One part of Mexico — Baja California — has been cleared of suspicion in the outbreak of salmonella-tainted tomatoes, which U.S. officials said Monday now has sickened 277 people.
That's 49 more than had been counted last week, and the latest known illness struck June 5, reinforcing a warning from the Centers for Disease Control and Prevention that the outbreak isn't over yet.
Five more states — Arkansas, Kentucky, Maryland, North Carolina and Ohio — and Washington, D.C., have reported patients, up from 23 states last week, although some may have been infected while traveling. At least 43 people were hospitalized.
The best lead remains a cluster of nine illnesses listed last week among patrons of an unidentified restaurant. Food and Drug Administration investigators were at work Monday tracing records of the restaurant's various suppliers, part of the painstaking work of cross-checking common suppliers for other parts of the country where people got sick.
The FDA is urging consumers nationwide to avoid raw red plum, red Roma or red round tomatoes unless they were grown in specific states or countries that FDA has cleared of suspicion. Check FDA's Web site — http://www.fda.gov — for an updated list. Also safe are grape tomatoes, cherry tomatoes and tomatoes sold with the vine still attached.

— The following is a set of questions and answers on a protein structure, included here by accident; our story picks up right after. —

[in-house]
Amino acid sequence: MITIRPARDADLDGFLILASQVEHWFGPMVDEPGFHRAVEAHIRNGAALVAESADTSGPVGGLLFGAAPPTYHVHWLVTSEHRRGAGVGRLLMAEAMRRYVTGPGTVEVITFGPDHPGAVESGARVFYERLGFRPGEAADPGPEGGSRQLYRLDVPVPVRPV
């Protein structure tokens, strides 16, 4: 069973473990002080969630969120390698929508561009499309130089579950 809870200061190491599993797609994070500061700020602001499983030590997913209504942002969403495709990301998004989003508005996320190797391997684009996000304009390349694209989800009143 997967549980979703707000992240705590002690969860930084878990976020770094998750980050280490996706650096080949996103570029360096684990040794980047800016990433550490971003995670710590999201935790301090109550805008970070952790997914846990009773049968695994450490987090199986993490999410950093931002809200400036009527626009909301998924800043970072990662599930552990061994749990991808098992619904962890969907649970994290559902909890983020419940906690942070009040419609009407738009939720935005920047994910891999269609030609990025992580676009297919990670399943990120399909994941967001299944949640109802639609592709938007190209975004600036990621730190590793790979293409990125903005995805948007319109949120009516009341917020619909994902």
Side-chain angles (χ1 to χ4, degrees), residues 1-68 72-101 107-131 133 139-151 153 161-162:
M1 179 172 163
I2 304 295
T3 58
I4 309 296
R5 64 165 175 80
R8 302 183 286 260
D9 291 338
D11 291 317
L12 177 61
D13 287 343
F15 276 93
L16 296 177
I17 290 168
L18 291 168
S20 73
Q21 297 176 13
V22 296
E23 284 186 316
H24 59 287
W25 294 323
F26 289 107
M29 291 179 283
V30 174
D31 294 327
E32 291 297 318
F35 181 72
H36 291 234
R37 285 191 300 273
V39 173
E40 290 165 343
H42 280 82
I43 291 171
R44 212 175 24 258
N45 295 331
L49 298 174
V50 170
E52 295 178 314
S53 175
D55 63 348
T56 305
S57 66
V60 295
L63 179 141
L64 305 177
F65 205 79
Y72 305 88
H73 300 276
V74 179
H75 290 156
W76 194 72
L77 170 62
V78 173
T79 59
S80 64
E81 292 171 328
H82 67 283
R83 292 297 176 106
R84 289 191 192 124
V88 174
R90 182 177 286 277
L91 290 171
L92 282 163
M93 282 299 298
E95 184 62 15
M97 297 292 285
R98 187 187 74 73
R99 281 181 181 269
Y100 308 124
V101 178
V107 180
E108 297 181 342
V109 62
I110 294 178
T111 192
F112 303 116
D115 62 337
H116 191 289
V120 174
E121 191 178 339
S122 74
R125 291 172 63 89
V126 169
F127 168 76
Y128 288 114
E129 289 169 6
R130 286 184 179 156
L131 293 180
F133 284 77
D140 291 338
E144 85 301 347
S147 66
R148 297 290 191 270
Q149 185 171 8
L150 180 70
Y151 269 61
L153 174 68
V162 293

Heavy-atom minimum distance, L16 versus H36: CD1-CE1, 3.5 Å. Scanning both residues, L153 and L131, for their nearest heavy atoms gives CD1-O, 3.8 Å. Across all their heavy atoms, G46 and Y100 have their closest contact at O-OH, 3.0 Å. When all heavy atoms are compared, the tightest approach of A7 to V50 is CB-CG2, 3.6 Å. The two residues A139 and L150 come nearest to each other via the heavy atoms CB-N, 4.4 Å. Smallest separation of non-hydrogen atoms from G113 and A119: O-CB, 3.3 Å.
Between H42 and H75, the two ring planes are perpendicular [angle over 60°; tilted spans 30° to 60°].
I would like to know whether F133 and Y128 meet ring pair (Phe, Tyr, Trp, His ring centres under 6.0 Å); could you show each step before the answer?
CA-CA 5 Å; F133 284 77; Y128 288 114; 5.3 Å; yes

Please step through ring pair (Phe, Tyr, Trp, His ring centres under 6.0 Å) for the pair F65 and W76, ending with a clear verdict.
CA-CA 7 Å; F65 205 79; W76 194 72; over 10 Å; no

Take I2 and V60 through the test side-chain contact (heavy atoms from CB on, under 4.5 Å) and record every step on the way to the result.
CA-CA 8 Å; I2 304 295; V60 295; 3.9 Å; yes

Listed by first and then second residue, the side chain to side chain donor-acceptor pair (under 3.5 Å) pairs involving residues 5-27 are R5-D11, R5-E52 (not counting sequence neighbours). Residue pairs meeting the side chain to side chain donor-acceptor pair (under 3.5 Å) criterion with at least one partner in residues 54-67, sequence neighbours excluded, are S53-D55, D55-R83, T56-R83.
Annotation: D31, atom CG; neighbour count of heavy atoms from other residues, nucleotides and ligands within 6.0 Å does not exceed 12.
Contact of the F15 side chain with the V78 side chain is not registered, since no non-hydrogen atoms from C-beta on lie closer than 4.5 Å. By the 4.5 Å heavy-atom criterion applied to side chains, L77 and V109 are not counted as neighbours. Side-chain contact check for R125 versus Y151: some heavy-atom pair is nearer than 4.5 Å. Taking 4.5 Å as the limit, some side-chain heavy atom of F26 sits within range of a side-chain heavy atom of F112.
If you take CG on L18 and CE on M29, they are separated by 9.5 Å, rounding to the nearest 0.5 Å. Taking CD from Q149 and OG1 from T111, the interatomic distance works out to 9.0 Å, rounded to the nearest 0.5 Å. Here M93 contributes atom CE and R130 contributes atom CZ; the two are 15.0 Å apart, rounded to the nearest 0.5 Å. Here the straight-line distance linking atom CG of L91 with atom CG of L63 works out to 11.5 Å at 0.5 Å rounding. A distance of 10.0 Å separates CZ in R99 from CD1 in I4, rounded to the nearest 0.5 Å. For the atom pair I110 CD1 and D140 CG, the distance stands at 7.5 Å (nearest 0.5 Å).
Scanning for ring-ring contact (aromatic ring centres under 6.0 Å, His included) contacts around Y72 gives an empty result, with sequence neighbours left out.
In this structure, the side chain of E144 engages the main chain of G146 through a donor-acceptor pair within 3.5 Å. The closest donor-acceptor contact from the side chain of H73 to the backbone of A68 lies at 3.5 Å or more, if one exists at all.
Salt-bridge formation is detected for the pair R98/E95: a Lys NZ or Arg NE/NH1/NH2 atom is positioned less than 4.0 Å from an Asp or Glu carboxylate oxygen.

The FDA has said that central and southern Florida and parts of Mexico were supplying most of the tomatoes sold when the salmonella outbreak began in early April, and thus are leading suspects. But tomatoes from northern Florida are in the clear because they weren't being harvested that long ago, and those tomatoes are arriving in stores now, often with state-issued certificates guaranteeing they weren't implicated.
Likewise, the FDA cleared Baja California over the weekend. That's because its harvest began April 26 and the earliest known patient in the salmonella outbreak fell sick on April 10, FDA food safety chief Dr. David Acheson said Monday.
Testing of tomatoes, including those from various parts of Mexico, hasn't yet turned up any salmonella, Acheson said.
Mexican Economy Secretary Eduardo Sojo said the Mexican government might seek compensation for the Mexican producers who are losing millions of dollars because they can't export to the U.S.
"What we want is to get at the truth .... If the truth is that our country isn't responsible for making people sick in the U.S., then they need to lift the restriction on Mexican tomatoes," Sojo said.
He added: "If this isn't resolved soon, the impact on the national industry will be severe."